“Sales are quite high,” said Nick Bradley, Somerset’s Alcoholic Beverage Control (ABC) administrator. “More than what we make in the fees, the overall impact you’re looking at is probably around $12 million. It’s made a big difference.”
So far, the city has given out about 35 licenses to businesses selling alcohol in some form — whether the five package liquor stores, the bars, or the more numerous restaurants and groceries or gas stations selling malt beverages.
Of those, only a few are new businesses — three liquor retailers, and the bars, though a couple of those are additions to pre-existing entities.
New restaurants are on the way, though — most notably, perhaps, Texas Roadhouse, the body of which is becoming more complete by the day on South U.S. 27. Bradley acknowledged it wouldn’t be here had Somerset voters not opted to go “wet” in June of 2012.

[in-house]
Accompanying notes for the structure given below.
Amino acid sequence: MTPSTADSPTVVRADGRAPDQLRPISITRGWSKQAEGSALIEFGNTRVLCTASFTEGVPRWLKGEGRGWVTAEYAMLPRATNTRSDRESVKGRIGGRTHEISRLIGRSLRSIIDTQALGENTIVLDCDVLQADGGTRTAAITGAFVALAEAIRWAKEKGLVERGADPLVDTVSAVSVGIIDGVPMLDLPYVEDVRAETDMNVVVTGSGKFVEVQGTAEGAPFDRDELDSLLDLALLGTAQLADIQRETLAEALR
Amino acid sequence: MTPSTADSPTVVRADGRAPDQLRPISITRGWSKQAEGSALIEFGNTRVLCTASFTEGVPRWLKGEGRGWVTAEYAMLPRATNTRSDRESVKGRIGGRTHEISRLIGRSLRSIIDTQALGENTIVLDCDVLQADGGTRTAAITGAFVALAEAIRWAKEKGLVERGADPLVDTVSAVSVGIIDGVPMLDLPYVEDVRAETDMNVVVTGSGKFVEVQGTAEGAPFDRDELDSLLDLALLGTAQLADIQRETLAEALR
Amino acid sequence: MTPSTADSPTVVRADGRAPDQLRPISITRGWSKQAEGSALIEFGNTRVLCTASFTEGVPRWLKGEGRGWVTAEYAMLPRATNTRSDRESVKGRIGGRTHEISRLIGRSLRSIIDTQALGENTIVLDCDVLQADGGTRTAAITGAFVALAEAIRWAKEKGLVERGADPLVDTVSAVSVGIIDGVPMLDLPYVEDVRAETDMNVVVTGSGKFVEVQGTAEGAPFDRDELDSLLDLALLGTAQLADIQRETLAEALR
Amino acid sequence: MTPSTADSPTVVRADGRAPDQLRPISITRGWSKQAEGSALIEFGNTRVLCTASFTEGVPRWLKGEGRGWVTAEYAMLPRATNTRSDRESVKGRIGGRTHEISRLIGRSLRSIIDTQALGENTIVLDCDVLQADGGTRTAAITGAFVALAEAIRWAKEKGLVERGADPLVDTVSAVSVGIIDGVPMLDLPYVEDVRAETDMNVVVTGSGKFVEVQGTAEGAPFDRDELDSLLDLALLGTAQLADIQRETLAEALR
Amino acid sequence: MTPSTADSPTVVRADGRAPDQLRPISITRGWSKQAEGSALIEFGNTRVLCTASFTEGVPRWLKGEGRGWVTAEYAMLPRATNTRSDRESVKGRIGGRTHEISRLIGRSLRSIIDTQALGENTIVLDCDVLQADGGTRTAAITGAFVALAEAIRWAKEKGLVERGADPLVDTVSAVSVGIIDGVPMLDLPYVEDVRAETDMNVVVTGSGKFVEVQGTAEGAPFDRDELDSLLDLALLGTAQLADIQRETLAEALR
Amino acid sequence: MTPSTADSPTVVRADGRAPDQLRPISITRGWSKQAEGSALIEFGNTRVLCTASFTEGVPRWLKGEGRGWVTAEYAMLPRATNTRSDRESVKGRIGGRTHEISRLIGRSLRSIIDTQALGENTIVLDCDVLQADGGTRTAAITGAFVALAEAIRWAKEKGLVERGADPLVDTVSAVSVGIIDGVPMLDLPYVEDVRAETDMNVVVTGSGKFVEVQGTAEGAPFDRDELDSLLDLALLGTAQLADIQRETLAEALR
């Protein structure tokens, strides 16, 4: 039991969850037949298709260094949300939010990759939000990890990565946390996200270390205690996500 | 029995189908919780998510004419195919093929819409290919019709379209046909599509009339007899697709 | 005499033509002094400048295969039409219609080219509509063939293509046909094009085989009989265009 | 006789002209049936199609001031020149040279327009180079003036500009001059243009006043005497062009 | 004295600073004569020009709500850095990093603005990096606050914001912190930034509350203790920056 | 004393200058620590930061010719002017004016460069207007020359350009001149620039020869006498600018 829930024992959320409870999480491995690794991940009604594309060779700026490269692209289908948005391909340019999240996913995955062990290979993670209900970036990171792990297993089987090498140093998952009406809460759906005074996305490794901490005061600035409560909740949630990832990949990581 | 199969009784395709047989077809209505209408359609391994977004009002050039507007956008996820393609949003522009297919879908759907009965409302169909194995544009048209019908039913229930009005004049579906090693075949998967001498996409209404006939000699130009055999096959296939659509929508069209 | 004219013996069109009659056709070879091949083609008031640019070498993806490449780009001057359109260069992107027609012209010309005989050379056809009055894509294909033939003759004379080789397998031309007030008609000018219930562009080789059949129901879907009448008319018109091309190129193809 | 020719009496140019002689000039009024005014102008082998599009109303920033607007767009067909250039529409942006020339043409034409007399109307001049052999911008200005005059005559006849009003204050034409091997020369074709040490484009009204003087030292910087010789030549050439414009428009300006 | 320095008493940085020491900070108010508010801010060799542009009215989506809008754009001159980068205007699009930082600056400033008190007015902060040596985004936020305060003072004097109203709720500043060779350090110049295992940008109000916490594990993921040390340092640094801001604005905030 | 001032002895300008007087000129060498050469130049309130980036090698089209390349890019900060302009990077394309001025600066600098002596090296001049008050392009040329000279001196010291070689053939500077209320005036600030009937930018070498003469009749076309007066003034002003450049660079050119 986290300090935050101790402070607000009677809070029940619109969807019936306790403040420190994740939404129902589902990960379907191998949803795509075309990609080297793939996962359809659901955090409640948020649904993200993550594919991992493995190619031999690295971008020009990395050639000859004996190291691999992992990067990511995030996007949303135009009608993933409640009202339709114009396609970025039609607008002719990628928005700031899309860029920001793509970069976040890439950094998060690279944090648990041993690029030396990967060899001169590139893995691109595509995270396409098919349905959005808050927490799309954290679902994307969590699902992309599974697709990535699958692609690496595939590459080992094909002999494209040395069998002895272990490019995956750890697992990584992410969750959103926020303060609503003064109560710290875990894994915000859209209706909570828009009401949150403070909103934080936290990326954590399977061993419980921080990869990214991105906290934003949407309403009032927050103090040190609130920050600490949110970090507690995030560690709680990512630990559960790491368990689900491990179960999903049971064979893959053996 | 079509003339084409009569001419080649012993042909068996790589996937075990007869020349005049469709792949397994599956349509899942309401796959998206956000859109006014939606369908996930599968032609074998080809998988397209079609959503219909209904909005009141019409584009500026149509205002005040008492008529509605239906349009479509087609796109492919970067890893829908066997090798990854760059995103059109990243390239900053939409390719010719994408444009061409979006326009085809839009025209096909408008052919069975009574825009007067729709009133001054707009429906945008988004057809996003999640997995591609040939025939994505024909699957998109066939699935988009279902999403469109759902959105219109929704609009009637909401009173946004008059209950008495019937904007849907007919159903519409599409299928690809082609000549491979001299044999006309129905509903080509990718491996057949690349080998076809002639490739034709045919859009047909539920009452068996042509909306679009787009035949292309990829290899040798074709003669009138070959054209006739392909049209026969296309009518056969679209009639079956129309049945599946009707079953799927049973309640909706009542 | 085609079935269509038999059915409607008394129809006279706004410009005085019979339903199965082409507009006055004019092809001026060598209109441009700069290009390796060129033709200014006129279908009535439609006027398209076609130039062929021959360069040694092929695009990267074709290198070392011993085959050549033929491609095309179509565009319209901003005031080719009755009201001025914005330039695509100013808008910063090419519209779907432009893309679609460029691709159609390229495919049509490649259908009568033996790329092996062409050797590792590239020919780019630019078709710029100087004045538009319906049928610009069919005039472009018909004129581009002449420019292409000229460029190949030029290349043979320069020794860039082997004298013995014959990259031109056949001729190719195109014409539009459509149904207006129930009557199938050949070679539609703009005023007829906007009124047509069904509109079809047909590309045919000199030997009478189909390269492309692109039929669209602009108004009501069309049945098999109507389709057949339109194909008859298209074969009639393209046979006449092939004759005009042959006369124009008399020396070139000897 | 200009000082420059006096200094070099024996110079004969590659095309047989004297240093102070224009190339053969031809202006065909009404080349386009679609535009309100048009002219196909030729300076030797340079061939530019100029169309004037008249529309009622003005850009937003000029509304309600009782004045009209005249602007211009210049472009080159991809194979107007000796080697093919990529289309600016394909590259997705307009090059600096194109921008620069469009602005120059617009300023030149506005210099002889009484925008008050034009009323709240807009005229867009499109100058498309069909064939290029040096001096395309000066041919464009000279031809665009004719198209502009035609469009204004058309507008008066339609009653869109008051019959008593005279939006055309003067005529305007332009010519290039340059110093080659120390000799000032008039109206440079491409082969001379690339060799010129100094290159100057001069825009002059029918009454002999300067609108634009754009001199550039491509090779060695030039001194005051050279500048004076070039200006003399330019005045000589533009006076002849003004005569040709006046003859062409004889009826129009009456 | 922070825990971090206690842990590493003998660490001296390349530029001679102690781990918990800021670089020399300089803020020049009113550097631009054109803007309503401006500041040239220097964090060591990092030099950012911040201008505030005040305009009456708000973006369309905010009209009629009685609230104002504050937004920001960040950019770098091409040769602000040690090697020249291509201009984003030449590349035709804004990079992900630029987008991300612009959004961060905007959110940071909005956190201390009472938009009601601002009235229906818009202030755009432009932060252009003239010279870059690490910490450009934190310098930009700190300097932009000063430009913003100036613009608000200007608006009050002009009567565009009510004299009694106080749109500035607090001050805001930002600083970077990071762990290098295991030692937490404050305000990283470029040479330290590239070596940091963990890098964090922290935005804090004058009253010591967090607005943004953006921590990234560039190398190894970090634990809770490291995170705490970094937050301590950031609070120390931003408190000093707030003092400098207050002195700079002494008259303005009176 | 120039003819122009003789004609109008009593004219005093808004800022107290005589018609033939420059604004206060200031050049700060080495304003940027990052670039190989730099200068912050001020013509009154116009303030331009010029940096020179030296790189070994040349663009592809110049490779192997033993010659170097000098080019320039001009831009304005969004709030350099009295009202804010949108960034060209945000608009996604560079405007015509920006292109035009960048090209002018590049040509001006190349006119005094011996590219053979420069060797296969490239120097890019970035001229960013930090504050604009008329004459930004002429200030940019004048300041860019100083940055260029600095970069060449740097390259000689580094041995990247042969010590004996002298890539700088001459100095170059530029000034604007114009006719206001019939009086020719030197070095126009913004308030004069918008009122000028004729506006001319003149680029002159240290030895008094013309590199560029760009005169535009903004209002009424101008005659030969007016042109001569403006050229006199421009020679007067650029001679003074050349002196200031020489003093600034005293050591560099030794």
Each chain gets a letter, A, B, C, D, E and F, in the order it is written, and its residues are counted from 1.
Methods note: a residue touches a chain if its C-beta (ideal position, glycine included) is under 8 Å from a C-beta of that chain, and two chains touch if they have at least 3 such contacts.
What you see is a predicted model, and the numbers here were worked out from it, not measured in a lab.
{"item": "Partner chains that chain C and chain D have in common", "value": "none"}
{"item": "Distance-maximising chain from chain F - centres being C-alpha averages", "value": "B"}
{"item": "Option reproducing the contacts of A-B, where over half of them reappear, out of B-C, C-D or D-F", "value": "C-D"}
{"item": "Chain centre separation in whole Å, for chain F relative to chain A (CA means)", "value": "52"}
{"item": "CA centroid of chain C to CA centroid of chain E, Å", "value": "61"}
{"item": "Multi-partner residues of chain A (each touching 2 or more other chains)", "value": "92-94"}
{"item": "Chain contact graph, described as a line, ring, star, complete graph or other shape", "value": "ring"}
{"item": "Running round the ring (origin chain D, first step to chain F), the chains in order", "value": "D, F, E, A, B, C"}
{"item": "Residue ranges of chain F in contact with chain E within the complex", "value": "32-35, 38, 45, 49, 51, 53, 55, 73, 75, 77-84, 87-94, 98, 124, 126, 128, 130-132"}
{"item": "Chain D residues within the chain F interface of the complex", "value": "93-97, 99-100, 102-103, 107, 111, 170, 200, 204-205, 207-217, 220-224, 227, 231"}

“It takes a little time for those to develop,” he said of Somerset drawing new business opportunities because of alcohol. “We expected it to take a while for more new developments to come in.
“Most of what we’re seeing are package sales,” he added. “By-the-drink sales comes along with new developments. They’re a very small percentage of overall sales on a monthly basis.”
Indeed, malt beverage sales have totaled $9,337,929 over the last year, with individual drink sales only reaching a little over half-a-million dollars and liquor package sales just shy of $1,800,000.
Still, the additions are prevalent — Bradley said all but a couple of convenience stores within the city limits sell beer — and that could mean additional money for businesses to hire more employees.
“For those that wanted (alcohol sales in their stores), it’s helped them,” said Bradley. “We’ve tried really hard to be strict and let it have little impact for those that didn’t want it. We take that part very seriously.”